Summer Tips on Avoiding Dehydration, Mosquito Bites, and Sun Damage
Of all the months of the year, July is the hottest. It’s a living nightmare particularly if you live in a region where whopping temperatures and stifling humidity is the norm. And with killer heatwaves comes the increased risk of becoming dehydrated and experiencing heat exhaustion. Dehydration can lead to heatstroke, which is just one of the dangerous afflictions that can hit you this season. Today we want to give you some summer tips on how to stay hydrated and away from mosquito bites.
As with other health related issues, prevention is key. Here are the tell-tale signs of dehydration and some basic prevention tips to keep you and your family safe during the hot season.
1. Know the Signs
Dehydration usually comes with very dry lips and tongue. You may also feel tired or weak and even experience muscle cramps. The early signs of dehydration also include pale skin and dizziness. Meanwhile, experts say that heat exhaustion is usually the diagnosis for patients who are very weak, tired, thirsty and sweating a lot. Other symptoms may include nausea, headaches, and vomiting.
If left untreated, heat exhaustion may lead to heatstroke. Late signs that may indicate you’re seriously ill include confusion and severe headaches. Also, you will stop sweating – or sweat significantly less – and you’ll experience a high body temperature (104 degrees).
2. Prevention Methods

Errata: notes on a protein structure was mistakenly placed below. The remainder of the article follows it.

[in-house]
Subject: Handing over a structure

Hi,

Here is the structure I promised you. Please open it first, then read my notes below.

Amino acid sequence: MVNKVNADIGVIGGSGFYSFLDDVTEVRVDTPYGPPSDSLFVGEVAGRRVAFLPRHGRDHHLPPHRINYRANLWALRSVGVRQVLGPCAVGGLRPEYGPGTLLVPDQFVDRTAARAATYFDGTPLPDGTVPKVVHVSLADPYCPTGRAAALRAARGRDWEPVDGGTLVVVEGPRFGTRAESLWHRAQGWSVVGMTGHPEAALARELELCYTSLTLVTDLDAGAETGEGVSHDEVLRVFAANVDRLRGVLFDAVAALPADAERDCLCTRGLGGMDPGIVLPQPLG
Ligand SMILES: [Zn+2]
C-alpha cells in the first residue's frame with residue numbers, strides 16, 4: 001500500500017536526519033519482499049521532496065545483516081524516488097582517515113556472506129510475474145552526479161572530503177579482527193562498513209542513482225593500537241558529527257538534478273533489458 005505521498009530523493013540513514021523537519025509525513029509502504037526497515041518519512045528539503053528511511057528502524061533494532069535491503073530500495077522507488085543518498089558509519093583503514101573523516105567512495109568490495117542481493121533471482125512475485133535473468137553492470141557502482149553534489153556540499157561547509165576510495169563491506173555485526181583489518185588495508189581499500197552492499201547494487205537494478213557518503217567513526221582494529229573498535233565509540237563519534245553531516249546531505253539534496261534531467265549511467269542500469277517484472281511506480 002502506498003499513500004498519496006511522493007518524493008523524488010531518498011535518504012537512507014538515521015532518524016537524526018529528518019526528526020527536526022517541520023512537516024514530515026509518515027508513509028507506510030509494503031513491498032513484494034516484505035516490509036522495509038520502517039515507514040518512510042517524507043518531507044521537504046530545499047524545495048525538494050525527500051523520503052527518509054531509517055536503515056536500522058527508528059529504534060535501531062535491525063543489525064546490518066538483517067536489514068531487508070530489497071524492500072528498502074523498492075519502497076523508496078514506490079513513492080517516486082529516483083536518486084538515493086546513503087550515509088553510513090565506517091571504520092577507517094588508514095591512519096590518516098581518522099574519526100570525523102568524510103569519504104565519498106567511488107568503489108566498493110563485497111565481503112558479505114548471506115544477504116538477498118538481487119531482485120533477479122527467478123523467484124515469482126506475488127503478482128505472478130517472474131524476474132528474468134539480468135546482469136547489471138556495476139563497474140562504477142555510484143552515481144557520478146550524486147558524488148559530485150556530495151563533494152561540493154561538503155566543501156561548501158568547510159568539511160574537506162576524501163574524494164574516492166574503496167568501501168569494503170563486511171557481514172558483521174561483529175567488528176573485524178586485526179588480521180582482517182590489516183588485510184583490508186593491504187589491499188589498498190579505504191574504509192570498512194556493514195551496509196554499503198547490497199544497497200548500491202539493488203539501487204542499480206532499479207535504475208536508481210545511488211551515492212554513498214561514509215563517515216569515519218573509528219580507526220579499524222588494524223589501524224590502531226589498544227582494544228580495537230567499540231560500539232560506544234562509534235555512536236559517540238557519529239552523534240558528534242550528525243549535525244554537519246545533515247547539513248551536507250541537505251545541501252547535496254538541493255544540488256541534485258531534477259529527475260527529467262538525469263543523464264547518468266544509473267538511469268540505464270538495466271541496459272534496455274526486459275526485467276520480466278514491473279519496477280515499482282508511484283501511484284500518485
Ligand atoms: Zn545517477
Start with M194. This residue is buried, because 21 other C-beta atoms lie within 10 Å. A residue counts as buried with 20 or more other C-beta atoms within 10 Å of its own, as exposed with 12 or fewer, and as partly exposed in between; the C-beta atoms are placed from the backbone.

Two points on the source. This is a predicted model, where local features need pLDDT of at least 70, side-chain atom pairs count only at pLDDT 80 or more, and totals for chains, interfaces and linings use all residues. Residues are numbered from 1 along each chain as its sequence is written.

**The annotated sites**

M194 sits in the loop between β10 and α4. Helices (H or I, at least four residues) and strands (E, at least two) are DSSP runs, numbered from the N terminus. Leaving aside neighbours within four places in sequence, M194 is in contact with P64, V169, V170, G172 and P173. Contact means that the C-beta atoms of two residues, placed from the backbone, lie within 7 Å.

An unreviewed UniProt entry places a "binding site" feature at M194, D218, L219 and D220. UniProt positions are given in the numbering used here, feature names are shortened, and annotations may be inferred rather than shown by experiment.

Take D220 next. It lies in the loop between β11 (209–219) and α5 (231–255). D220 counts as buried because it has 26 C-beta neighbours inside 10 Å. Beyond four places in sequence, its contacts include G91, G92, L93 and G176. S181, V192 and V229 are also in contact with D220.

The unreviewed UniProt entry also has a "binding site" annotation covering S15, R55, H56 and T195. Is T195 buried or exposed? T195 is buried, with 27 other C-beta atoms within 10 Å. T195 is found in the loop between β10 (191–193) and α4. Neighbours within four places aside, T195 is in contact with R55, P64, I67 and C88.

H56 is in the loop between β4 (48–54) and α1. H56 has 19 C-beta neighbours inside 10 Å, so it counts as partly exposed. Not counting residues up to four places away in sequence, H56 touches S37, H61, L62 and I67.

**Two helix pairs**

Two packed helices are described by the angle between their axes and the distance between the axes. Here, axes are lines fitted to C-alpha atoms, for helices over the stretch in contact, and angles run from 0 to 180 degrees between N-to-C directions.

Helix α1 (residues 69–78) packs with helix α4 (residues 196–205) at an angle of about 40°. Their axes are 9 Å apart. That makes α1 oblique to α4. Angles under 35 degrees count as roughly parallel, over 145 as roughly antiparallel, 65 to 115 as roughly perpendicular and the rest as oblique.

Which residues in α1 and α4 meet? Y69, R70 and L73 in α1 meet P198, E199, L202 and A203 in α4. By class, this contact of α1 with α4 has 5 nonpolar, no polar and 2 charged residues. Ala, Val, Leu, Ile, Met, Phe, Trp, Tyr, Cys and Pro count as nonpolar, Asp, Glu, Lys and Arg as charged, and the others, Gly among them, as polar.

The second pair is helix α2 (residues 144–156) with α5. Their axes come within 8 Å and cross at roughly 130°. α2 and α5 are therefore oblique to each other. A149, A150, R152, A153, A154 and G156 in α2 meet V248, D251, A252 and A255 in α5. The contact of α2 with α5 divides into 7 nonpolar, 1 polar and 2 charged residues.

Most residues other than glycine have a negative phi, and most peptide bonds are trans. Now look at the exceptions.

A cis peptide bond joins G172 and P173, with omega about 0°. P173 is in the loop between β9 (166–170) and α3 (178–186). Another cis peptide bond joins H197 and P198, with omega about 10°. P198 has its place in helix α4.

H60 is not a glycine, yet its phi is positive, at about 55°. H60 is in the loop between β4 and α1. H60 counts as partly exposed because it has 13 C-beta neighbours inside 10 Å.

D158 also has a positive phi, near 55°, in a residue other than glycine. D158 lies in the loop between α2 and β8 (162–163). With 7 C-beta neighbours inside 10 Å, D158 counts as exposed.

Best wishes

Evidently, water is the uncontested champion when it comes to keeping heat-related issues at bay. You should drink about 7 to 9 glasses of water daily, not just in the summer, but on a regular basis. If you’re performing demanding fitness activities, you might want to double the amount. Even though electrolyte supplements such as Gatorade may keep you hydrated, you should also watch your sugar intake. But summer tips involve more than just preventive actions, as you’ll see below.
3. What to Avoid?
Alcoholic or caffeinated drinks are the dehydration’s best friends. Make sure you stay away from them on particularly hot days. Meanwhile, fruit juices may also be bad for you – and your kids, especially if they have high sugar content. Water is your best bet. Because kids tend to pay less attention to how much water they drink, parents should assume the responsibility of keeping them hydrated.
Attire is also crucial, no matter the age. Avoid tight garments that don’t allow the skin to breathe. Instead, wear loose, cotton clothing in lighter colors to deter the heat. Last but not least, avoid the sunlight. It’s common sense, but you should seek the shade, especially when the sun is high. Take frequent breaks from any prolonged activities and try to spend your days in AC settings.
If you start experiencing signs of dehydration or heat exhaustion, move to an environment with a cooler temperature and drink a glass of cool water. These easy steps will help you avert the life-threatening scenario of a heatstroke. Following such basic summer tips will help anyone stay safe. When temperatures are not spiking, don’t be afraid to go to the pool or at the beach. Activity is important – walking and getting fresh air. Just use common sense and stay safe.